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Charles Bouri grew up involved in his father’s business, Seament, from a young age. Charles always knew he was going to follow in his father’s footsteps, and together the family made Seament strong. But running a family business has challenges, as well – some that have to be faced in order to remain functional and successful together.

Here are four key challenges to operating a family business, and the solutions that Charles Bouri has found:

1.  Objectivity – This can be a major stumbling block for many family businesses. One of the great advantages of a family business is that you start off with a stable group of employees that you know you can trust—because they’re your family. But this can also make it hard to see changes that need to be made (or to broach these subjects when you do see them). Remember that successful businesses are built on merit. Performance, not just family ties, has to be rewarded. Periodically, you need to assess the people in key roles (especially if they’re family members) and ask what you would do if they were a total stranger you’d hired. Are they living up to expectations? If so, great; but if not, look at other options for their involvement.

2.  Assigning the right roles to the right people – This goes hand in hand with #1 and often, a simple change in roles can be enough to solve any problems with a family member’s performance. Not everyone is good at managing projects, but if a loved one is struggling in that capacity maybe they’d be better at sales or keeping the books. And if a family member is chomping at the bit to get a position with more responsibility, consider setting specific benchmarks (in terms of performance or training) that will allow them to get their shot. Likewise, don’t overlook the contribution of non-family members; your hired employees may sometimes deserve a promotion over your relatives, and treating them fairly is going to go a long way toward ensuring their hard work and your success.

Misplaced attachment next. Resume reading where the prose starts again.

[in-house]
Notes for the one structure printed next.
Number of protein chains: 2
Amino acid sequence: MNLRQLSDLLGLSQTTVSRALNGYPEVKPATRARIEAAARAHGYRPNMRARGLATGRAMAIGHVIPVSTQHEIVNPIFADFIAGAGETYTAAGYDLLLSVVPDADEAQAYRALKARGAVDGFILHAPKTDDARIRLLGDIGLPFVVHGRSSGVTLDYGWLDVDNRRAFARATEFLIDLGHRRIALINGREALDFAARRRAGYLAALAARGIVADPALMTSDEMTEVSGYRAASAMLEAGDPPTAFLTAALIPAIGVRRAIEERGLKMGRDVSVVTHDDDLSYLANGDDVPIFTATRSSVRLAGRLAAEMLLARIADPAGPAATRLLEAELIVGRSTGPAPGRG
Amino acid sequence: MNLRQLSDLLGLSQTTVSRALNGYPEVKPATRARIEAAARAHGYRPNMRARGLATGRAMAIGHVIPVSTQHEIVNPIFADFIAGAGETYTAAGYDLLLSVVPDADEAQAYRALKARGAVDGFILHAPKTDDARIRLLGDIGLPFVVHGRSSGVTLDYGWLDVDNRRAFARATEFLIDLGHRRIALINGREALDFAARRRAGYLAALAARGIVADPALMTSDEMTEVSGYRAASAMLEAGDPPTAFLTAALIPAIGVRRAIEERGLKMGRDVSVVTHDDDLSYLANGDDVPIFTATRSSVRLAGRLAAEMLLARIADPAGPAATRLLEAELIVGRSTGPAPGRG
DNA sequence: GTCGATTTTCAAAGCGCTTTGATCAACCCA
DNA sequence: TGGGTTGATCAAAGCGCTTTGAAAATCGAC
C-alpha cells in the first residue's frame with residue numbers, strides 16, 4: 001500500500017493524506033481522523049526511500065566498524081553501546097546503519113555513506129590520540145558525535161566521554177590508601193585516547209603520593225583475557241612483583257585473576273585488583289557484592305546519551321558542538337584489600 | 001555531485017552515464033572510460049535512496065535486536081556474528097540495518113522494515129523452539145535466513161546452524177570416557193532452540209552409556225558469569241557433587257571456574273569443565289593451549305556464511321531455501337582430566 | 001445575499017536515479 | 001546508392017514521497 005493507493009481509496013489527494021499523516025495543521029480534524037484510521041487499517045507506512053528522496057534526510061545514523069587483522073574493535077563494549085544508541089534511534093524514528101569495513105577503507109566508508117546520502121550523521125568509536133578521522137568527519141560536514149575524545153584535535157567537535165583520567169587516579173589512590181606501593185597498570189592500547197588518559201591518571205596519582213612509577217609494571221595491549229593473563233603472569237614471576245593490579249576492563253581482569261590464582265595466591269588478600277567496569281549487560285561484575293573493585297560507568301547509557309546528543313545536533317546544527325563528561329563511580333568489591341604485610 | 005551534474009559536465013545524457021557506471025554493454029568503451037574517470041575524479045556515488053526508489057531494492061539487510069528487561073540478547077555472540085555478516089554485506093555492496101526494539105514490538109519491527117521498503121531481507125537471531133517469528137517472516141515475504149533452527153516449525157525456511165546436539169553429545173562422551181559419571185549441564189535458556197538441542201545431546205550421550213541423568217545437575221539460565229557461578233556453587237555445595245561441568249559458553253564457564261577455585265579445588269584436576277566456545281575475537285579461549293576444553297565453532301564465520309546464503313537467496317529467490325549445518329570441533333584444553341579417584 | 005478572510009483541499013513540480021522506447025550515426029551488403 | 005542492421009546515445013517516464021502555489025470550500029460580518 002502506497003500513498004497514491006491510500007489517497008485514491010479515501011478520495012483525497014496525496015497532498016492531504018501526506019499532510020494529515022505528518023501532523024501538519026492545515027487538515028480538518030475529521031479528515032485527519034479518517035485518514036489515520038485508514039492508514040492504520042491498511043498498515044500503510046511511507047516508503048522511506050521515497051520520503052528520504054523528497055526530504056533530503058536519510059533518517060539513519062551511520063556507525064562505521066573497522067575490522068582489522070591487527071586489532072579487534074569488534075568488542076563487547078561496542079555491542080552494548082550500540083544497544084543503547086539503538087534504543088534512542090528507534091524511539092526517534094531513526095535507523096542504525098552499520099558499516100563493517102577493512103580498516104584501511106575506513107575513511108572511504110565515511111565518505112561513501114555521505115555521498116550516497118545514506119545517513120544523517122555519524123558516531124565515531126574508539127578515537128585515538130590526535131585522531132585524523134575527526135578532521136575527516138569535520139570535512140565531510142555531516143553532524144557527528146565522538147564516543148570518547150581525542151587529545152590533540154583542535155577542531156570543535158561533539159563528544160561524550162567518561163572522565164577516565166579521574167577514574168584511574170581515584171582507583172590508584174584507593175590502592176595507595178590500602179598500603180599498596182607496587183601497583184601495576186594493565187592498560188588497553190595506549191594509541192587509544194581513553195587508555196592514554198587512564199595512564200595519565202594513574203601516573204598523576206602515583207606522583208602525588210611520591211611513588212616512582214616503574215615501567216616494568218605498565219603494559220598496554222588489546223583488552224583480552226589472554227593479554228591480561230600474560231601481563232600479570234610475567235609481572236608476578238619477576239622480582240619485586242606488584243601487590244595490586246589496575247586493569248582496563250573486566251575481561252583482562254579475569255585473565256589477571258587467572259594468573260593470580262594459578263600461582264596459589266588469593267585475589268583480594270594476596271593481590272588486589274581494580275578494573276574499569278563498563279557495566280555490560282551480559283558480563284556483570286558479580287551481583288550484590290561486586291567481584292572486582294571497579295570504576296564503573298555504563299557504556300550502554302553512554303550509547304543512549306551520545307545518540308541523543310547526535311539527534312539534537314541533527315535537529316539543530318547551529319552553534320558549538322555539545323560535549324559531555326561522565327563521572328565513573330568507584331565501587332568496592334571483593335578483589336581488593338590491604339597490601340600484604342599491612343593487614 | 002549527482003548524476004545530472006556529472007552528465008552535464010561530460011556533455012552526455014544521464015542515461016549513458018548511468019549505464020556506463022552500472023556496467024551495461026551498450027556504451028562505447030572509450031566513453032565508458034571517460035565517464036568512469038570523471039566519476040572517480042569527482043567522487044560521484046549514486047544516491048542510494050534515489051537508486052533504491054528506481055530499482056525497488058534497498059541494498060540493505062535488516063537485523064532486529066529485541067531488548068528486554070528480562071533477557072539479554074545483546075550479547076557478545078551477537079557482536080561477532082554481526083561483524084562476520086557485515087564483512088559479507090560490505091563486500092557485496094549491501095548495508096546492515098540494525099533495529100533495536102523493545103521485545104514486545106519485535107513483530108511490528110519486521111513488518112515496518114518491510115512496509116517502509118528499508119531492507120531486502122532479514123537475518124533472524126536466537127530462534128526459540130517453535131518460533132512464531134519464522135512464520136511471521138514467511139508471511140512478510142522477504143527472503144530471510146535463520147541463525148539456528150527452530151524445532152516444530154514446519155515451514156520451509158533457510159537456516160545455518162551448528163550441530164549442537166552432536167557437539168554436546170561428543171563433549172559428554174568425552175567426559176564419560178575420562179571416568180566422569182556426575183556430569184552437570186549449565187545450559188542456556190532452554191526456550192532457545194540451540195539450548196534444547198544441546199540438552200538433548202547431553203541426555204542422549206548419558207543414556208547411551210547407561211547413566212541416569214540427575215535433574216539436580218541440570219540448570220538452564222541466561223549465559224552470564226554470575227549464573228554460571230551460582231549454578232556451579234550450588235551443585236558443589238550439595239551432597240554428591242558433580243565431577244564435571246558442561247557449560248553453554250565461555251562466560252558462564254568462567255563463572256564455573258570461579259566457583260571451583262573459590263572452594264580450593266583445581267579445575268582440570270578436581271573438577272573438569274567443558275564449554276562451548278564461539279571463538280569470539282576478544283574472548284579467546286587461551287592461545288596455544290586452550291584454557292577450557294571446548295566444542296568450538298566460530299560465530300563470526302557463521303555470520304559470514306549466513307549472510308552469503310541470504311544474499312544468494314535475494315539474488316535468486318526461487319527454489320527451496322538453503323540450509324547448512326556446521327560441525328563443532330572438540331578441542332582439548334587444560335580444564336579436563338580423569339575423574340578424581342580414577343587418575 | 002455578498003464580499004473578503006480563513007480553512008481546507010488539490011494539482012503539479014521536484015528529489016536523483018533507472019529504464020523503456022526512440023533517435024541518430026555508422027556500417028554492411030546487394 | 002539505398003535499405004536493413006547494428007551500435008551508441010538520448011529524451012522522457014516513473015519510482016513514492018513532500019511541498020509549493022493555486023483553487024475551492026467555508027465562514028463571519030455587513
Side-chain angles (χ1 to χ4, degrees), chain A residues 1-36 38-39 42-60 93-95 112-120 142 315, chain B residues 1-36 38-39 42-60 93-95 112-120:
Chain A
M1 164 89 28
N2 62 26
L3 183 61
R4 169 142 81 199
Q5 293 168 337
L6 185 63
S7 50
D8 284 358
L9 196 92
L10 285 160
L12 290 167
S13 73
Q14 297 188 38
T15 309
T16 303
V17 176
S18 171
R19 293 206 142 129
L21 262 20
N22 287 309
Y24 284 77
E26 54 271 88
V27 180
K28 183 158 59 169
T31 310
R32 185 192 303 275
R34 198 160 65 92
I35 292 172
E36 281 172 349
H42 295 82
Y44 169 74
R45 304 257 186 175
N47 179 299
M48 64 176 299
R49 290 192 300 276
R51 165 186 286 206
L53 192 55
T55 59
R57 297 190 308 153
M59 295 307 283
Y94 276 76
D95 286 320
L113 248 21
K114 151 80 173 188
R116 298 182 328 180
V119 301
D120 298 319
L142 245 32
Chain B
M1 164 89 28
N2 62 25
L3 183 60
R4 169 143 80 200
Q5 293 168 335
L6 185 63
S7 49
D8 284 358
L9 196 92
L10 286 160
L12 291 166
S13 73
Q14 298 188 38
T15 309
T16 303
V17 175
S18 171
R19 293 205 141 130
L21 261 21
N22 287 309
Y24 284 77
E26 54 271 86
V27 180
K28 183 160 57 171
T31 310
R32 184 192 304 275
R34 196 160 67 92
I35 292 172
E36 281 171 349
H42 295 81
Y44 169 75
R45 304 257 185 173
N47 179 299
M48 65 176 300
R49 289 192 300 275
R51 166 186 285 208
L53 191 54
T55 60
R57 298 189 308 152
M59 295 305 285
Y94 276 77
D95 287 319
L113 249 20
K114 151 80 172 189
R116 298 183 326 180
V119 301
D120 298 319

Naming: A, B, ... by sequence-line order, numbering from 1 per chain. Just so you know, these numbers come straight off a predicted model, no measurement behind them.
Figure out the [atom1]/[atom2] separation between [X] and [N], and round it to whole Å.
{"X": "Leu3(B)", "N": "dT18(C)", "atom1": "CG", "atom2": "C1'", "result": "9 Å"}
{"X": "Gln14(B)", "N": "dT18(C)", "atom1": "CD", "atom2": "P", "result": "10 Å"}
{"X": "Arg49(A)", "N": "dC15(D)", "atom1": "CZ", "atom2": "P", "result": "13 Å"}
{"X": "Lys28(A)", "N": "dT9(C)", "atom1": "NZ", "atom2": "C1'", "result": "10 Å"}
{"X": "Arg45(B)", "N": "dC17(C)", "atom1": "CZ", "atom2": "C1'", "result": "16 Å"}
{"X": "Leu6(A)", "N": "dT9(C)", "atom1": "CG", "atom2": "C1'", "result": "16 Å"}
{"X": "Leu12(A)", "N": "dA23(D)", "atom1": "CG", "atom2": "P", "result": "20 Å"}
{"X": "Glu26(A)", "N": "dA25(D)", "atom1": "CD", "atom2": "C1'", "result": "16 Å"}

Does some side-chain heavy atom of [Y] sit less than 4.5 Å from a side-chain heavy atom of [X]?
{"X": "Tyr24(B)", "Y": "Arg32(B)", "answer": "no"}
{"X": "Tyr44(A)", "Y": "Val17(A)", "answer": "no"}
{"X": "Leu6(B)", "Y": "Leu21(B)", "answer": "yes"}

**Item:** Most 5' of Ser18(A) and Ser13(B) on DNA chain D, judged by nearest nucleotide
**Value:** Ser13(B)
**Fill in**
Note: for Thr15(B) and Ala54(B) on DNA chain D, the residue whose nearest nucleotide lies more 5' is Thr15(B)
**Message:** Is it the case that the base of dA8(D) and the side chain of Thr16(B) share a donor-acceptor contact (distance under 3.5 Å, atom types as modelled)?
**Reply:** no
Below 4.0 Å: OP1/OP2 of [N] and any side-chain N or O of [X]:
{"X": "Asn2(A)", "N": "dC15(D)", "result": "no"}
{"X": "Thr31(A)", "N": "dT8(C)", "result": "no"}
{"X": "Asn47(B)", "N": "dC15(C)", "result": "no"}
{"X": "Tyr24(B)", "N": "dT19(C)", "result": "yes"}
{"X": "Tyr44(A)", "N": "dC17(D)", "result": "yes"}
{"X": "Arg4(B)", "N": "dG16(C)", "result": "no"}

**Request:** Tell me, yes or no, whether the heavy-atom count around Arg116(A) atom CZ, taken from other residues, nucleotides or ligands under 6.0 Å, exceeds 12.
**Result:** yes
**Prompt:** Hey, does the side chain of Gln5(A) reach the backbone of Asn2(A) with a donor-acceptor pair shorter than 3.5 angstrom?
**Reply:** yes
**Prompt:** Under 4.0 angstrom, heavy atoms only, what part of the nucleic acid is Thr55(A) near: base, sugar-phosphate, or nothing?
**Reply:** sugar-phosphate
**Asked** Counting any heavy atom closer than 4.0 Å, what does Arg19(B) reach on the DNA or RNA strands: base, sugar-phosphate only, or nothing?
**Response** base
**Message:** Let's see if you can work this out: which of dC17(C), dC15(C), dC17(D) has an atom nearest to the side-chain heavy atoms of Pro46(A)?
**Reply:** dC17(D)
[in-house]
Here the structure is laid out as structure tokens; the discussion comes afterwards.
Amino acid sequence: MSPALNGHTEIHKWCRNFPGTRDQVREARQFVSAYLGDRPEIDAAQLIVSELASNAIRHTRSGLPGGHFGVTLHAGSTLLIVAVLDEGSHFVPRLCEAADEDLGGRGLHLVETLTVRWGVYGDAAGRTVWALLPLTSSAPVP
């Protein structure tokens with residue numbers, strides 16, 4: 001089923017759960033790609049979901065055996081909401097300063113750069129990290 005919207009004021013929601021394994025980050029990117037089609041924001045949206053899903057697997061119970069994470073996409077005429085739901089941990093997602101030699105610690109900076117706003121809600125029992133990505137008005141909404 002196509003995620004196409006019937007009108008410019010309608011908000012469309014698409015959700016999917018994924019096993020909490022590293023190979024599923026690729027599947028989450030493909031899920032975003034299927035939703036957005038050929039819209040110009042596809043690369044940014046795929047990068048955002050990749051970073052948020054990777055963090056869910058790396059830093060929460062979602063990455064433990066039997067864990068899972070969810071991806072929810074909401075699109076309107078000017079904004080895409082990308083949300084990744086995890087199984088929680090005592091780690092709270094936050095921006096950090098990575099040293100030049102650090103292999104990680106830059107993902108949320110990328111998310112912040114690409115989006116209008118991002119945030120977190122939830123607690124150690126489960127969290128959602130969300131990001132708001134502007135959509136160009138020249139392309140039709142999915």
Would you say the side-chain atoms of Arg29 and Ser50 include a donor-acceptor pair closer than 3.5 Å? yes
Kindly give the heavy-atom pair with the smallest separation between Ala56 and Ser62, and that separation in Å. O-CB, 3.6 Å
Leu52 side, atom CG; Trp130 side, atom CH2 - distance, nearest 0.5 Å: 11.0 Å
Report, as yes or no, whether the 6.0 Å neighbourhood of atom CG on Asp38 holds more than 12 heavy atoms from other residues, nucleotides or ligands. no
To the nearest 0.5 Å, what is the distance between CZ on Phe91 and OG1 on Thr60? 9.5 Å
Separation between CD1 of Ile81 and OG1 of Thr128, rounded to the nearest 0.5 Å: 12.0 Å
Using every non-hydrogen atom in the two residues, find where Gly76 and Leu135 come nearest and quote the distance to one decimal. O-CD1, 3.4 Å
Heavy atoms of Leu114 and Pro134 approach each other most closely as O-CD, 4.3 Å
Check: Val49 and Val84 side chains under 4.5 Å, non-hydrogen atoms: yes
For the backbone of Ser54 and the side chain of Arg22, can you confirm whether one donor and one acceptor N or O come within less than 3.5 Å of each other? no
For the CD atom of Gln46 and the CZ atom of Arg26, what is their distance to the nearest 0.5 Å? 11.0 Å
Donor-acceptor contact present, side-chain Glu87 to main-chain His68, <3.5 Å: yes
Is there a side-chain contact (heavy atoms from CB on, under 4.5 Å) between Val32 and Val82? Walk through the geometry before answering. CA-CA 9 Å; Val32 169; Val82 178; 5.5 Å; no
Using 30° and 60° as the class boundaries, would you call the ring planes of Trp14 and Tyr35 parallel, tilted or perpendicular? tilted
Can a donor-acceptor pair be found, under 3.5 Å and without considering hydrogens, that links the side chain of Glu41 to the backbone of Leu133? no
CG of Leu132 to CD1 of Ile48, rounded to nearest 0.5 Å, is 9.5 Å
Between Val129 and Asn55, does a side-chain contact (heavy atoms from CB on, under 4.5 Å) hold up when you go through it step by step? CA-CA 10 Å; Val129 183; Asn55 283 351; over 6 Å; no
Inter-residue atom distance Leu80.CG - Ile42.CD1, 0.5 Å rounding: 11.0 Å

3.  Accepting free spirits – If you run a family business, chances are good that you’d like to see your kids carry it on after you. But what if they don’t want to? Some family members will have their own dreams or simply be too independently-minded to stay in the family business. Give them their freedom—it will make everyone happier in the long run.

4.  Opening it up – As your business expands, it will likely outgrow your family. That’s when it’s time to put the most dedicated and capable family members in leadership positions and transition the workings of the company to outside hires.

Do you run a family business? How have you overcome these challenges?

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